Is the Deep Web for Real? | Ian Sutherland

Brody Taylor’s online activities take place in the ‘Deep Web’, which, unfortunately is a real online phenomenon. Also known as ‘Deepnet’ and the ‘Hidden Web’, it hides beneath the ‘Surface Web’ and is not indexed by standard search engines. Because the Deep Web is not indexed, you have to know how to get in. Much of it can only be accessed by using special software such as Tor, which allows users to access websites, surface or deep, anonymously. And if you’re in the Deep Web you definitely want to remain anonymous.

And once inside, what can you find? Well almost anything illegal. Down there are many criminal black markets. This article in the UK’s Daily Mail newspaper paints a disturbing picture. It shows how you can access the Deep Web to hire hitmen, purchase drugs, access child pornography and take part in every other illicit activity you can think of. It’s also the place where black hat computer hackers hang out, sharing and selling their exploit kits to other hackers or script kiddies. And thanks to untraceable cyber-currencies like Bitcoin, it’s even easy to trade without being traced back to your real-world identity by law enforcement agencies.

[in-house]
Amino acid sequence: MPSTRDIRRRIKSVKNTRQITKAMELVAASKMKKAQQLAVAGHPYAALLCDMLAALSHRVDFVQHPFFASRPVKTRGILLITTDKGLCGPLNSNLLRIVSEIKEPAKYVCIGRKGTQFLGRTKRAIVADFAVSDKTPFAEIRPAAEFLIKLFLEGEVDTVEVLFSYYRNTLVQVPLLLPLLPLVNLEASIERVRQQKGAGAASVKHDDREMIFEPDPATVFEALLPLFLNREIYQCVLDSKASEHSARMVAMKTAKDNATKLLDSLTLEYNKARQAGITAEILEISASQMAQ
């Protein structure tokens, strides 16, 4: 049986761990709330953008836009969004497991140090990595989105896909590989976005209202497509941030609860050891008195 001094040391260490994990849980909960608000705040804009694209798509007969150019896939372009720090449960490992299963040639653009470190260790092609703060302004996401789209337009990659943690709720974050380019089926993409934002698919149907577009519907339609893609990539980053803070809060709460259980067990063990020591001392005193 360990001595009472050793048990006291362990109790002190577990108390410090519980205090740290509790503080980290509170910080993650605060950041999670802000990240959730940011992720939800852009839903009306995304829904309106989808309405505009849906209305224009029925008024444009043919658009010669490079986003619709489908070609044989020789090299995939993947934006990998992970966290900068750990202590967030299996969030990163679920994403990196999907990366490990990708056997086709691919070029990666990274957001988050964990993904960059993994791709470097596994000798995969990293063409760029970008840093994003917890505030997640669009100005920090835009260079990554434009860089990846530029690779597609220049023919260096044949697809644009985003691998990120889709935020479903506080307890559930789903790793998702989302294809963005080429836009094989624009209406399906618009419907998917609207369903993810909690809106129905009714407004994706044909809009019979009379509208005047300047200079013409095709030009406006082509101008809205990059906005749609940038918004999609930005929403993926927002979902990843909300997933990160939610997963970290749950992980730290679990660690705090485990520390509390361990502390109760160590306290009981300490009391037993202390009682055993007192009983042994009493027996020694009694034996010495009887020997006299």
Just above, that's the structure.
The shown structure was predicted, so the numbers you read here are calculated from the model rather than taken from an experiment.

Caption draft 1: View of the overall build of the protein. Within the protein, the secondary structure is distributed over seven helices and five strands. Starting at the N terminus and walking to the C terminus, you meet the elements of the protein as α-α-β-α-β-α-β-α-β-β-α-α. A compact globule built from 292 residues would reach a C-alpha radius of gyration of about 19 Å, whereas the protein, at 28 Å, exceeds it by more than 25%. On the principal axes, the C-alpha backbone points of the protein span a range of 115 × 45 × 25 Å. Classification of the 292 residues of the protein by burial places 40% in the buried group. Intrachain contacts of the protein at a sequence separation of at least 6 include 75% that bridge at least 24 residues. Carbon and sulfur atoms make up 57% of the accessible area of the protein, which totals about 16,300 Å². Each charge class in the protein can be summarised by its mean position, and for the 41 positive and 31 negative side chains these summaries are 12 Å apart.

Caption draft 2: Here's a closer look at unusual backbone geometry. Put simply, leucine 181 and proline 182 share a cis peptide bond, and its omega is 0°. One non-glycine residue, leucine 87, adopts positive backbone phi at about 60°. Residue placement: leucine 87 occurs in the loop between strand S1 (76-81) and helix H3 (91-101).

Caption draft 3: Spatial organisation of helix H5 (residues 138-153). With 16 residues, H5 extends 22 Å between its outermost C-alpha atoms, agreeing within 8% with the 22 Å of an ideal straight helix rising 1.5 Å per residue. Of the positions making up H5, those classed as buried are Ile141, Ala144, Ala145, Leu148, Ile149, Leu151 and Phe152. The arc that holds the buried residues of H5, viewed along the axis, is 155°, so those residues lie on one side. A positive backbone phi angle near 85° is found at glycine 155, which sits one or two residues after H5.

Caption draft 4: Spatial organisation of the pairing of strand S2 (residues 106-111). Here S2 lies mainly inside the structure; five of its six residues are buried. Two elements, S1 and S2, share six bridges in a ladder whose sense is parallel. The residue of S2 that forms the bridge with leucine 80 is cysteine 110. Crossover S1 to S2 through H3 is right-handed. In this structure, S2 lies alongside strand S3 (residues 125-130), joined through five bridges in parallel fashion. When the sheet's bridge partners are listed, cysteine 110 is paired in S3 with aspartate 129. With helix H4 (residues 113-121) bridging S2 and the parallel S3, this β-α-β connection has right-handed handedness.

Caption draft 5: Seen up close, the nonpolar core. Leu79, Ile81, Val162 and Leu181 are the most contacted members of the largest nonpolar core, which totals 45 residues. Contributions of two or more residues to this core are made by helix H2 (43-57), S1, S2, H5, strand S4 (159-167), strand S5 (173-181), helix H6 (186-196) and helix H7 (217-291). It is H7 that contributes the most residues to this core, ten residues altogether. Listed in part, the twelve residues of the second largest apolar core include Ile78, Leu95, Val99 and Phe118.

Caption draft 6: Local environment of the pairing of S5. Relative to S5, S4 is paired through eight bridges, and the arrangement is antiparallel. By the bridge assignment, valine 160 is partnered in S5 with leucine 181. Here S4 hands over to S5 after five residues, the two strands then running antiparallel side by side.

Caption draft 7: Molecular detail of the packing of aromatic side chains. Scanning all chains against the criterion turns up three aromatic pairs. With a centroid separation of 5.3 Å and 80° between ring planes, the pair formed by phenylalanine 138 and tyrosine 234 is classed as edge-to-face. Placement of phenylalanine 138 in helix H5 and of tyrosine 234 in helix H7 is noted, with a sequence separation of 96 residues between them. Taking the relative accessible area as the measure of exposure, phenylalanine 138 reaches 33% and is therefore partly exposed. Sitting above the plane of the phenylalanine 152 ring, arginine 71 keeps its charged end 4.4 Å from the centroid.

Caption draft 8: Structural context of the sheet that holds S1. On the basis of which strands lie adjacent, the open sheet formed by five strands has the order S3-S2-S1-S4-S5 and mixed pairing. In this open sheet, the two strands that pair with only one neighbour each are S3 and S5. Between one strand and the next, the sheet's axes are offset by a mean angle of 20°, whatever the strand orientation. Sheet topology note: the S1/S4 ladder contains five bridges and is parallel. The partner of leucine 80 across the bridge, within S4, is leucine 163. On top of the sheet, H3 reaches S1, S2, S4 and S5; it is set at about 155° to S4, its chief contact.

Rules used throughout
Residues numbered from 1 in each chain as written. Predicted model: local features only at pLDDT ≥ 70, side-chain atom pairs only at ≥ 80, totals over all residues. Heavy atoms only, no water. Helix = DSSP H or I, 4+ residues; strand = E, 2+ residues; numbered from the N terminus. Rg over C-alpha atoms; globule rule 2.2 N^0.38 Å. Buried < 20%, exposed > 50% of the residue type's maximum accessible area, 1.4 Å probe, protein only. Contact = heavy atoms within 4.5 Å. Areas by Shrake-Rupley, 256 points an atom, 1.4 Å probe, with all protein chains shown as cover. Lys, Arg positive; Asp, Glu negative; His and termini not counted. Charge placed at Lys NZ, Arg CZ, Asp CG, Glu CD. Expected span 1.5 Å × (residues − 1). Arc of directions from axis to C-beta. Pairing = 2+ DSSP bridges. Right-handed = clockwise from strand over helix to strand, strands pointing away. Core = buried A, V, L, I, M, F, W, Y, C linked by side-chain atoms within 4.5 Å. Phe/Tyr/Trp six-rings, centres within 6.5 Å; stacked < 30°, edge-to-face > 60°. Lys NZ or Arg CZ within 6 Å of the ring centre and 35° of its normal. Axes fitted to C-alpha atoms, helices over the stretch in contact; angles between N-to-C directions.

But as dark and dangerous as the Deep Web is, it really makes a wonderful backdrop on which I base my contemporary cyber-crime thrillers. Brody, the elite computer hacker protagonist of the Deep Web Thriller Series, accesses the Deep Web in order to make contact with other hackers, obtain new exploit capabilities or, in my planned sequels, to track down the really bad guys trading anonymously through the Deep Web.